Months after budget cuts forced Hellsgate Fire Department to eliminate its No. 2 command position, a federal grant is bringing it back.
After a nationwide search, the Star Valley-based department hired David Bathke, of Green Lake, Wis., as its new battalion chief, said Chief Gary Hatch.
Money from the Staffing For Adequate Fire & Emergency Response (SAFER) grant is funding Bathke’s position. In Payson, the grant is buying the fire department six new firefighters.
Payson and Star Valley are the only departments in Arizona that received the federal grant, which helps struggling departments maintain and rehire firefighters.
Bathke was selected from a pool of applicants that took part in a two-day testing process.
Bathke has more than 30 years in fire service and recently retired from the Wauwatosa, Wis. Fire Department after 20 years of service. After retirement, Bathke worked briefly as the Ripon Area Fire District chief.
“He brings a great new ability to the Hellsgate Fire Department and we are all looking forward to his energy and enthusiasm,” Hatch said.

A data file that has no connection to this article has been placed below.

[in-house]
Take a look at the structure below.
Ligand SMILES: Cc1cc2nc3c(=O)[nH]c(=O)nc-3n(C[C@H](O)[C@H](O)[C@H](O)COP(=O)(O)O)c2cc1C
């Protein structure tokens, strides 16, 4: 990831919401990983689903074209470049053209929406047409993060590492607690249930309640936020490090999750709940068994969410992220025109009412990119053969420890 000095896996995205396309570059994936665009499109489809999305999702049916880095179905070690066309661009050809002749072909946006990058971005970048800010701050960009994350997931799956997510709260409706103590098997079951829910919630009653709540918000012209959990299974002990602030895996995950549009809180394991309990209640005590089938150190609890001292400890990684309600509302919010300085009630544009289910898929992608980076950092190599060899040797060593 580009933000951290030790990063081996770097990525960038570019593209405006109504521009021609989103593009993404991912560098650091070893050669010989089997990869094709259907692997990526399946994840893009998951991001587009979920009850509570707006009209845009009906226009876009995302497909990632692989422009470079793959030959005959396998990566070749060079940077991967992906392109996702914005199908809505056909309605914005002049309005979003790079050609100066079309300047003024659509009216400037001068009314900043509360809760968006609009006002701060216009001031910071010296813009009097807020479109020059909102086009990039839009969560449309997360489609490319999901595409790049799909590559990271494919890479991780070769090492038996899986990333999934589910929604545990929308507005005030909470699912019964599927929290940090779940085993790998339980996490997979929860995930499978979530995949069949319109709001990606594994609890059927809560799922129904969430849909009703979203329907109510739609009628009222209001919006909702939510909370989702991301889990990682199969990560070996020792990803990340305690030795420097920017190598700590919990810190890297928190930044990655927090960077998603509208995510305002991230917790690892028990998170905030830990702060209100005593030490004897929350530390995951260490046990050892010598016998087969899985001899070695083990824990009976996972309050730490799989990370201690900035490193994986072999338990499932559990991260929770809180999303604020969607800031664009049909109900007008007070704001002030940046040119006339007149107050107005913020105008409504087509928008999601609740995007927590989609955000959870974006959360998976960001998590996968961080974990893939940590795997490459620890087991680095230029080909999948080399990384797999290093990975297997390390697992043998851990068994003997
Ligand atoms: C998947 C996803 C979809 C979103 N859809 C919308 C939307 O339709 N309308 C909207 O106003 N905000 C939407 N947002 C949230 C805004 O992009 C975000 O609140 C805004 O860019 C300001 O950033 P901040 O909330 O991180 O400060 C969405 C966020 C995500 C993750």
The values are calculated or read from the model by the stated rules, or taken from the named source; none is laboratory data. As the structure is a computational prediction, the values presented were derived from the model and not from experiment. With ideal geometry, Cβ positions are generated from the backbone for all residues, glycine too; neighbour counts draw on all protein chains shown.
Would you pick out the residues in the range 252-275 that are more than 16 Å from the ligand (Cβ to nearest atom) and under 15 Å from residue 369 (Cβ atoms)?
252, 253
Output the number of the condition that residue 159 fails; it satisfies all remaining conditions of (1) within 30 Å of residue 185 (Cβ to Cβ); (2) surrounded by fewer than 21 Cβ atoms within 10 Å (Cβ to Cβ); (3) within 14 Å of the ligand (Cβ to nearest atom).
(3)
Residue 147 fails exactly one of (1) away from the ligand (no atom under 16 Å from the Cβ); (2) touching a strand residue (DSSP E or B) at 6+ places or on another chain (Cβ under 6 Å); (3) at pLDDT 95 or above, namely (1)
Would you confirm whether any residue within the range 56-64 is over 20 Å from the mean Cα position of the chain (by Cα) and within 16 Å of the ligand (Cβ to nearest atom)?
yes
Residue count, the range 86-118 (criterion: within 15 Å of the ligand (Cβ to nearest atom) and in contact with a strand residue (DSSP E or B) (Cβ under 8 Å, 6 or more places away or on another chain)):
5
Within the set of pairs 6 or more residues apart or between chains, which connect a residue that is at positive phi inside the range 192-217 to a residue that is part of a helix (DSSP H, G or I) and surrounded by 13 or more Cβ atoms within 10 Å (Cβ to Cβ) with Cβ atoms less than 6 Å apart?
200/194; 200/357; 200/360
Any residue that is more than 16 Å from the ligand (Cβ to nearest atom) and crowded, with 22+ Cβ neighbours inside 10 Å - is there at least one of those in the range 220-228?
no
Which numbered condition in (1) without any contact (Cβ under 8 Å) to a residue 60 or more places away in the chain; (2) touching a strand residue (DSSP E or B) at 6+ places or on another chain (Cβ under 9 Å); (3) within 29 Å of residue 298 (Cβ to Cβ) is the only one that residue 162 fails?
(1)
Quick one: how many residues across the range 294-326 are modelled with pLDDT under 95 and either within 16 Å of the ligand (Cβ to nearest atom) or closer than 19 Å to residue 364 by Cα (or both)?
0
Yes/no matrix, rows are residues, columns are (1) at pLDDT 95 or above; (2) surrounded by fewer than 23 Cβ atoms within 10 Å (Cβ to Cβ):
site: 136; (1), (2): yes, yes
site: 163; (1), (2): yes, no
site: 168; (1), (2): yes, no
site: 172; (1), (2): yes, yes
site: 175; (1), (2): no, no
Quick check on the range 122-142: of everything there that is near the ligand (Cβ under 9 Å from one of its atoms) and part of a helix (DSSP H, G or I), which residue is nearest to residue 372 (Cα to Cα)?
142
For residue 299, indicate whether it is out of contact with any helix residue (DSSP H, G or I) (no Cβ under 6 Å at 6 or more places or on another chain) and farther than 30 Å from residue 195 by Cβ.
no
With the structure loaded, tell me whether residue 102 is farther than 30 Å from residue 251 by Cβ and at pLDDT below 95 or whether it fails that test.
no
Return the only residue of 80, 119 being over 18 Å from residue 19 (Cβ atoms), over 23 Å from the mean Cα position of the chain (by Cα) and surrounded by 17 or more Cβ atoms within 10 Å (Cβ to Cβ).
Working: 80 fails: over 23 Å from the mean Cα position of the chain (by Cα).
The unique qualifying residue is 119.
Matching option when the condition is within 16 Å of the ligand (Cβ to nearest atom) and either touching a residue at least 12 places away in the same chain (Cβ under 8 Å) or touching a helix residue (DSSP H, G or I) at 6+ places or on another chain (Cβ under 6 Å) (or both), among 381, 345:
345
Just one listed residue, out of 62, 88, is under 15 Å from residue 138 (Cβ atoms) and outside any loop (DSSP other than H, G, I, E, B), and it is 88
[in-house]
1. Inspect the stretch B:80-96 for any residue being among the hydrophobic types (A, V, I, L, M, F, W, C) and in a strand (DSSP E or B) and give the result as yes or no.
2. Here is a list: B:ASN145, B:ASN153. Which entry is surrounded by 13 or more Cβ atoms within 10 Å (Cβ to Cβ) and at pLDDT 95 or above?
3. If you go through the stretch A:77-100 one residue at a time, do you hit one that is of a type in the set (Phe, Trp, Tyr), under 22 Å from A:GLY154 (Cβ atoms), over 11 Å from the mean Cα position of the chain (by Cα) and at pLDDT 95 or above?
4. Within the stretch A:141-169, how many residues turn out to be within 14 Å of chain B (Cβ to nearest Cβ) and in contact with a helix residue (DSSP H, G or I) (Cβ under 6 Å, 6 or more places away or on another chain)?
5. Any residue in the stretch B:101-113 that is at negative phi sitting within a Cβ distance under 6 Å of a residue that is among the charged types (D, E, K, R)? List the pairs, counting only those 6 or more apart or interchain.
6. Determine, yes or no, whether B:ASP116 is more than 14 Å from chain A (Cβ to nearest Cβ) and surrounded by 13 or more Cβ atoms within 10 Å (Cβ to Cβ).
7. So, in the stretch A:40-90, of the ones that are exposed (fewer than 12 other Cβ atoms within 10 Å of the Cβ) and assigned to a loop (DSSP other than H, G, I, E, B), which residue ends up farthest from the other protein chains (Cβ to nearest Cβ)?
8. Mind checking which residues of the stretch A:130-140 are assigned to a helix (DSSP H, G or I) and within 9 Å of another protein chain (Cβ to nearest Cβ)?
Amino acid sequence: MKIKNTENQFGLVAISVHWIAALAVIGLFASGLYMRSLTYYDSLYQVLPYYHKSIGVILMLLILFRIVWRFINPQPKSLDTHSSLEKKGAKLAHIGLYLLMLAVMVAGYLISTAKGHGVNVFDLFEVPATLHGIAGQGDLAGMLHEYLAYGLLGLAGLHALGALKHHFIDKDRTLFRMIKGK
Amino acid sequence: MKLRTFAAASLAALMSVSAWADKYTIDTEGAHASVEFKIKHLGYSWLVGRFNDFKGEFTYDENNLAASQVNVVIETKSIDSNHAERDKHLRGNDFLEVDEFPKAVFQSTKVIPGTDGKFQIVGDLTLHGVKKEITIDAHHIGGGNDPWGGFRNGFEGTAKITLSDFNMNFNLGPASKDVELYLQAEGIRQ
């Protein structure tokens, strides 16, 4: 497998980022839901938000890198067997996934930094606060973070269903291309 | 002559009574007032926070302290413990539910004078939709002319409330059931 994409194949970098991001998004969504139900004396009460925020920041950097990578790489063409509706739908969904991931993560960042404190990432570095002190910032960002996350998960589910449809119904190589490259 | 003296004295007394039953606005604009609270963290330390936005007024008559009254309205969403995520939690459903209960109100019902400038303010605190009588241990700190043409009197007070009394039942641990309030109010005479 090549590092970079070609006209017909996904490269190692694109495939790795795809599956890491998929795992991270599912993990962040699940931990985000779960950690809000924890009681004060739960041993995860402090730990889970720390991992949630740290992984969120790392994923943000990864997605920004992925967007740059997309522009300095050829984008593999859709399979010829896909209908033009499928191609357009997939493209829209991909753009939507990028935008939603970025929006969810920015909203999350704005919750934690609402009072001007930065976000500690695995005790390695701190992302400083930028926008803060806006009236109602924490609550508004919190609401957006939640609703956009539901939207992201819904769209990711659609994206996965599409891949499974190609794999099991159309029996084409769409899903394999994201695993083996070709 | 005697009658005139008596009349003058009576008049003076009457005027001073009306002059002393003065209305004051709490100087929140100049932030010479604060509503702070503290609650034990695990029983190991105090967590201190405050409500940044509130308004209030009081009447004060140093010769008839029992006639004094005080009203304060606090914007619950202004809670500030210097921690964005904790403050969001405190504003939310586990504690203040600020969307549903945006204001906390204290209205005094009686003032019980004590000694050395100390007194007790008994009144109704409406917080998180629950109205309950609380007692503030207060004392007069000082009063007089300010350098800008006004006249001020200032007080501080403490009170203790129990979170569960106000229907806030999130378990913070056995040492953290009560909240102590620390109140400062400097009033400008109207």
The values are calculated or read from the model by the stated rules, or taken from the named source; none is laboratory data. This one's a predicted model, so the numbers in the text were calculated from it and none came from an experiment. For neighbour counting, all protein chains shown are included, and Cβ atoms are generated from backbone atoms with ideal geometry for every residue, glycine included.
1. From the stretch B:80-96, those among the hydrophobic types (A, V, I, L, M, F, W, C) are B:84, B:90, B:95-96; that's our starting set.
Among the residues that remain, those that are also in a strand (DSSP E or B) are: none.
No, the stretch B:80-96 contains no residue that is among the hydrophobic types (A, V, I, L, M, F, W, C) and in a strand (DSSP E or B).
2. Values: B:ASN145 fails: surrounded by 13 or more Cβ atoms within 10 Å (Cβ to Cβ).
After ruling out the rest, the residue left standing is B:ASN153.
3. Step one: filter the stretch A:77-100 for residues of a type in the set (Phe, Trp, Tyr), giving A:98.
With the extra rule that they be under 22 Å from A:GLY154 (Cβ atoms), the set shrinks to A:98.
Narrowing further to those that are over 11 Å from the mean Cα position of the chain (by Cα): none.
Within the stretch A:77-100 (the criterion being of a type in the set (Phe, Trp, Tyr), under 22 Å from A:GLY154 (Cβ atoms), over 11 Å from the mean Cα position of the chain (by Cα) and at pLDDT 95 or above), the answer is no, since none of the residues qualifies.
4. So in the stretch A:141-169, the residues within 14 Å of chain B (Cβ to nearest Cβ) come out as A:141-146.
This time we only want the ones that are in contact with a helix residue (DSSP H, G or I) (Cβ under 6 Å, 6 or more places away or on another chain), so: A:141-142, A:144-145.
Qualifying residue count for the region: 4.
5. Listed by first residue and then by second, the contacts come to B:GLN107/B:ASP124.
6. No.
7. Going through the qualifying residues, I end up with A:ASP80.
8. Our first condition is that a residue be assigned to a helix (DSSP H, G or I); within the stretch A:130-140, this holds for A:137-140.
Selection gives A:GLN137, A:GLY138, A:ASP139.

Hellsgate covers a dozen Rim Country communities in 38 square miles.
Since the department cut the battalion chief position in 2010, Hatch and shift captains have juggled to provide around-the-clock command coverage. For Hatch, that has meant cutting out nearly all holidays and vacations.
Besides rotating command with Hatch, Bathke will serve as the department’s fire marshal and assist with training when he starts Dec. 3.
The grant also lets Hellsgate retain its three engineers.
Hatch was going to cut these positions after a 37 percent decrease in assessed home values in two years and the loss of the contract with the Town of Payson for services severely crippled the department’s budget.
Staffing levels are back to where they were in 2008-2010.
“We are all so happy that the National Peer Review Panel of firefighters recognized that the Rim area of Arizona was so hard hit with the economic downturn,” Hatch said. “These two grants will help provide even better services than before and reduce some of the workload placed on those serving the area for many years.”